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Trumpeter In The Cause of Great Black MusicCopyright © 1999The Scotsman, 1999
Bowie, LesterThe death of Lester Bowie from liver cancer has robbed the jazz scene of one of its most colourful characters, as well as a musician of genuine stature. Bowie's bristling flat-top haircut, goatee beard and the lab coat which he habitually wore on stage became familiar trademarks in his work with both the long-running Art Ensemble of Chicago and in his own bands, notably his colourful Brass Fantasy.
Bowie combined the musical explorations and iconoclastic irreverence of the avant-garde with a jokester's zest and good humour. He knew when to lighten things up on stage, a fact brought home when his illness forced him to miss out on the Art Ensemble of Chicago's summer tour of Europe this year. Their concert in Glasgow in July, in which saxophonist Ari Brown took his place but not his role, took on a quite different, more austere aspect without his presence.
Bowie felt well enough to lead the Brass Fantasy on an October tour of Europe, but was taken ill in London, and flew home to New York. He was admitted to hospital, then sent home, where he died.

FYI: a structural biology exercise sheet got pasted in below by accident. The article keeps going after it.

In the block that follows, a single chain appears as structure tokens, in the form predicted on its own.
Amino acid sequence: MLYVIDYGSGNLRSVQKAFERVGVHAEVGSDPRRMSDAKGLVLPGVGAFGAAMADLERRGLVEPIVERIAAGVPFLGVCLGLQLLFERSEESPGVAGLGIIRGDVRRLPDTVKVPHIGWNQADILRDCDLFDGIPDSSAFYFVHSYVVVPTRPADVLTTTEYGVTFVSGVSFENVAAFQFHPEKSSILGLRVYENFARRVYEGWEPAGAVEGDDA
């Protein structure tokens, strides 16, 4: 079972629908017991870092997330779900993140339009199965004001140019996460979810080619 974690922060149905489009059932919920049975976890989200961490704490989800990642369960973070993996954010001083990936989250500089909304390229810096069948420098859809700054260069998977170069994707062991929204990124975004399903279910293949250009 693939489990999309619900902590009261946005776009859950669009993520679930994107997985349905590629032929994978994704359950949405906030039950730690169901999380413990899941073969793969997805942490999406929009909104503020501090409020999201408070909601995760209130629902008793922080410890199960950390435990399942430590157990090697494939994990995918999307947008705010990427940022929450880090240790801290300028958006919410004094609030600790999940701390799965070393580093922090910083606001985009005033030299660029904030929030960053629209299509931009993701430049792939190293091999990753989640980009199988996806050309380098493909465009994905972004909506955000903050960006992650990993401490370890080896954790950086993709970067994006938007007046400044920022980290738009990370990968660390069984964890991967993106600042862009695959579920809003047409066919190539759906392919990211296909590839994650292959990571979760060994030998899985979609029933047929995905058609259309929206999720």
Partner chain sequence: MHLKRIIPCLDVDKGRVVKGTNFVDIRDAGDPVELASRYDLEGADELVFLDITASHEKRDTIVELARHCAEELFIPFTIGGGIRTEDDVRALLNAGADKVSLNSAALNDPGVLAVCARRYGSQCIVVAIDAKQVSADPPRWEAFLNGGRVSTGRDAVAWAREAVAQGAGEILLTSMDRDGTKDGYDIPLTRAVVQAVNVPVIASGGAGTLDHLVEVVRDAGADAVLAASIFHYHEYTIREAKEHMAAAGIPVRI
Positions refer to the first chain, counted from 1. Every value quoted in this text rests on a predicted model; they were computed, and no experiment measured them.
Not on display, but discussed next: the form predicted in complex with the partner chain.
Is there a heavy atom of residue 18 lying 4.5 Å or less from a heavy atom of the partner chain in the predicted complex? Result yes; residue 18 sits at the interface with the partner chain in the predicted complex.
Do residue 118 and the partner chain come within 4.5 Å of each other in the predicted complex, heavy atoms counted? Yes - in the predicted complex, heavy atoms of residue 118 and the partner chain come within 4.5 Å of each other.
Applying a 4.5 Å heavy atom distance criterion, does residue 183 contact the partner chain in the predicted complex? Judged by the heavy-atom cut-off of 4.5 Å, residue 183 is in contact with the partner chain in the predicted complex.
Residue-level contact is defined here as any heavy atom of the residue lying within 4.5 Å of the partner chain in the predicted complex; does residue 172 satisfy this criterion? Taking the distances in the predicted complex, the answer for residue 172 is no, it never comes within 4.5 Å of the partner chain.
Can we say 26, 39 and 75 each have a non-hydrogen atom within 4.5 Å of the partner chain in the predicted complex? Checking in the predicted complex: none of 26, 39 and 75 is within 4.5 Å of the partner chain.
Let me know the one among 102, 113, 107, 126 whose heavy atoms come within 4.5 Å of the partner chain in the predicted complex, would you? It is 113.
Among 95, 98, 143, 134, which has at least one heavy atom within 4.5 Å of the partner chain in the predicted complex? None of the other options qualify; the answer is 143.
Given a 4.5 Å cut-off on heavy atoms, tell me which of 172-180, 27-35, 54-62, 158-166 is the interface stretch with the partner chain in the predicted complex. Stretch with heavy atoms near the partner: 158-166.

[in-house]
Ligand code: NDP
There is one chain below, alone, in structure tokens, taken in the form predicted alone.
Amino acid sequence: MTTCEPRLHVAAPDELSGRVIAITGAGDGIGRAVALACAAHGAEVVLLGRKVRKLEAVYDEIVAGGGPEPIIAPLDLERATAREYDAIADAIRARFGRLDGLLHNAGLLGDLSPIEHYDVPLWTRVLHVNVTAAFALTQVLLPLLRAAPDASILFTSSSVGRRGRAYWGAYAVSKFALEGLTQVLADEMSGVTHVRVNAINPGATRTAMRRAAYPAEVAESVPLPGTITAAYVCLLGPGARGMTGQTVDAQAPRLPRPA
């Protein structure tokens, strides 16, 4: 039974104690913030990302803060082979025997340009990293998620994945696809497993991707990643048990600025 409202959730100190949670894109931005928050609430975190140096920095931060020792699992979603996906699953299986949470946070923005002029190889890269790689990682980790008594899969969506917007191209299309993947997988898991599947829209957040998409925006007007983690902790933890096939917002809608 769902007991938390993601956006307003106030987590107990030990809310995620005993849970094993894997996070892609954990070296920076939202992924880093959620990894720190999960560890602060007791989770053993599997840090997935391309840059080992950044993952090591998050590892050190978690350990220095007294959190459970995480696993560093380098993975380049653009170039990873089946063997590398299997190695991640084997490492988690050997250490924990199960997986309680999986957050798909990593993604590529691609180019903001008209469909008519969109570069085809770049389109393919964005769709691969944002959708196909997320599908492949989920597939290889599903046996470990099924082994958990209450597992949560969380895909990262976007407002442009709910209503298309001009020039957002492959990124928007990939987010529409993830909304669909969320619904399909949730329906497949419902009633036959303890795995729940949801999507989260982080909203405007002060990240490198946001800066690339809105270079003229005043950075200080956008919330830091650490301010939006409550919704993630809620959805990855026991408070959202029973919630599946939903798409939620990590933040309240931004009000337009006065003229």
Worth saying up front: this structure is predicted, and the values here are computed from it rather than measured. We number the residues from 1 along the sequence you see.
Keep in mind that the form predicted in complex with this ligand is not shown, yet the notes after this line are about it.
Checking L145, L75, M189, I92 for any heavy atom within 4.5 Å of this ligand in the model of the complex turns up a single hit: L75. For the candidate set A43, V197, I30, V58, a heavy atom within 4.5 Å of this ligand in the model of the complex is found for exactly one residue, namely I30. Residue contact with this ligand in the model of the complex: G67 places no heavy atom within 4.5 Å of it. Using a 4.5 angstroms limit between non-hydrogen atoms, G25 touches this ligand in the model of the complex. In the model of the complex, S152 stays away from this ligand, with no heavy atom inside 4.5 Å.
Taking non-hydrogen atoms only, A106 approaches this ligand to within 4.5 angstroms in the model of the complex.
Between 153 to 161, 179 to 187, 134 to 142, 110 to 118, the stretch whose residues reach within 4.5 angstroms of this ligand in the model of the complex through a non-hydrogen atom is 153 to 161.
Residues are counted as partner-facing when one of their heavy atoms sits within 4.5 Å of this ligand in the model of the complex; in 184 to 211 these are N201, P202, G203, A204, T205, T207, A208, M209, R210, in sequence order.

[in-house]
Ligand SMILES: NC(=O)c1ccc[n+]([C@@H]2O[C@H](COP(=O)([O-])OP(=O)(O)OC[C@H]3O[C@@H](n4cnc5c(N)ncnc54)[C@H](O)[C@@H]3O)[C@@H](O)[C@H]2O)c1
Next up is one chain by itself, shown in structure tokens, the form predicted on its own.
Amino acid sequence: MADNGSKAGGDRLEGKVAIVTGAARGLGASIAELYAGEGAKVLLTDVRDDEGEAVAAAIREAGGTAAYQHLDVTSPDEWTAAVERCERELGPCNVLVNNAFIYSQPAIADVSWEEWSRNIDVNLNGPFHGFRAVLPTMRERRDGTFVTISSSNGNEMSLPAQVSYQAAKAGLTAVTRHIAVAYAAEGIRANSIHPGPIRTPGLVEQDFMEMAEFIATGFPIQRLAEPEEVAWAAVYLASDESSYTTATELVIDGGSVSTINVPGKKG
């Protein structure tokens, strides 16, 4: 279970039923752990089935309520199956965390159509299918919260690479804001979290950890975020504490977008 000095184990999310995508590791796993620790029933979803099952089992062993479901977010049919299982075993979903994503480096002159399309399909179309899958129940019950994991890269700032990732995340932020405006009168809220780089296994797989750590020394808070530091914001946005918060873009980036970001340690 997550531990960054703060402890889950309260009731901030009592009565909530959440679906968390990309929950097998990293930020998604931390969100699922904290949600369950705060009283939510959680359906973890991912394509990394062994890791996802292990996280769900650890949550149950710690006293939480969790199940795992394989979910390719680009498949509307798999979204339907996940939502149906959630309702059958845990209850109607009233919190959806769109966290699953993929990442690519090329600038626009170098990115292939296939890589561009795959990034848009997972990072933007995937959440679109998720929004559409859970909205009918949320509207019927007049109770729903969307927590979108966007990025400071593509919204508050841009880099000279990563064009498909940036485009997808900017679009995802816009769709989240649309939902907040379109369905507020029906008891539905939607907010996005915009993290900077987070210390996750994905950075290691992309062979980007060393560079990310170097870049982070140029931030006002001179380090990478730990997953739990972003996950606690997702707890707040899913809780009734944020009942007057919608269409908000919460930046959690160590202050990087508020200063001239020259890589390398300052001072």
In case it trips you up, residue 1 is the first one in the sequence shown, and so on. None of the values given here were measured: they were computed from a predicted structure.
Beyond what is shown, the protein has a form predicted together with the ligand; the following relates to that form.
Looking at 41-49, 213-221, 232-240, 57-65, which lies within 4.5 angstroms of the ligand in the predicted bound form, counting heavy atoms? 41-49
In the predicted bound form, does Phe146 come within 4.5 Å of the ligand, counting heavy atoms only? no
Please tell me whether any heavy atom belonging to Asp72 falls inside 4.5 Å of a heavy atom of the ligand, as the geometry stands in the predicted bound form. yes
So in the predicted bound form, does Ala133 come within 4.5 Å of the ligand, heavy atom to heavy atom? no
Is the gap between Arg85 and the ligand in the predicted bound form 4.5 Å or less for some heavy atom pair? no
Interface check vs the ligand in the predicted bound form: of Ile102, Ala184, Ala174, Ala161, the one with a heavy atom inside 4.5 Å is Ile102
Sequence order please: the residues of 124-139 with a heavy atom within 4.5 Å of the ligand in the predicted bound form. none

Lester Bowie was born in Maryland, but grew up in the south, initially in Arkansas and later in Missouri. In St Louis, he claimed he used to practice his trumpet by an open window in the hope that Louis Armstrong would discover him. He served in the army as a military policeman, and later said that the military background of all the musicians in the Art Ensemble had been instrumental in providing the discipline and physical and mental toughness needed to persevere in radical jazz.
He began his professional career playing mainly in blues and rhythm and blues bands, but was also involved in setting up the radical Black Artists Group and the Great Black Orchestra in St Louis. He married the singer Fontella Bass, who had a major pop hit with Rescue Me, but later concentrated on gospel music, and sometimes worked with Bowie and the Art Ensemble in the ensuing decades, even after their marriage ended.
Bowie moved to Chicago to be with his wife in 1965, and immediately hooked up with the group of avant-garde musicians which had coalesced around pianist Richard Muhal Abrams and the Association for the Advancement of Creative Musicians (AACM). Bowie united with saxophonist Roscoe Mitchell and bassist Malachi Favors to form the Art Ensemble of Chicago, initially as a trio, then as a quartet with saxophonist Joseph Jarman. The band moved to Europe in 1969, settling in Paris for two years, where they added drummer Don Moye to what became the most stable line-up in contemporary jazz.
The band lasted in that form until Jarman left to concentrate on non-musical pursuits in 1993, and has continued as a quartet until now. They adhered to their original musical philosophy, expressed in the slogan Great Black Music - Ancient to Future, incorporating not only the full range of Afro-American musical influences, from blues and gospel to free jazz, and also popularised the use of African percussion (the so-called "little instruments"), as well as adopting theatrical and ritual elements in their performances, including elaborate face painting and unusual costumes.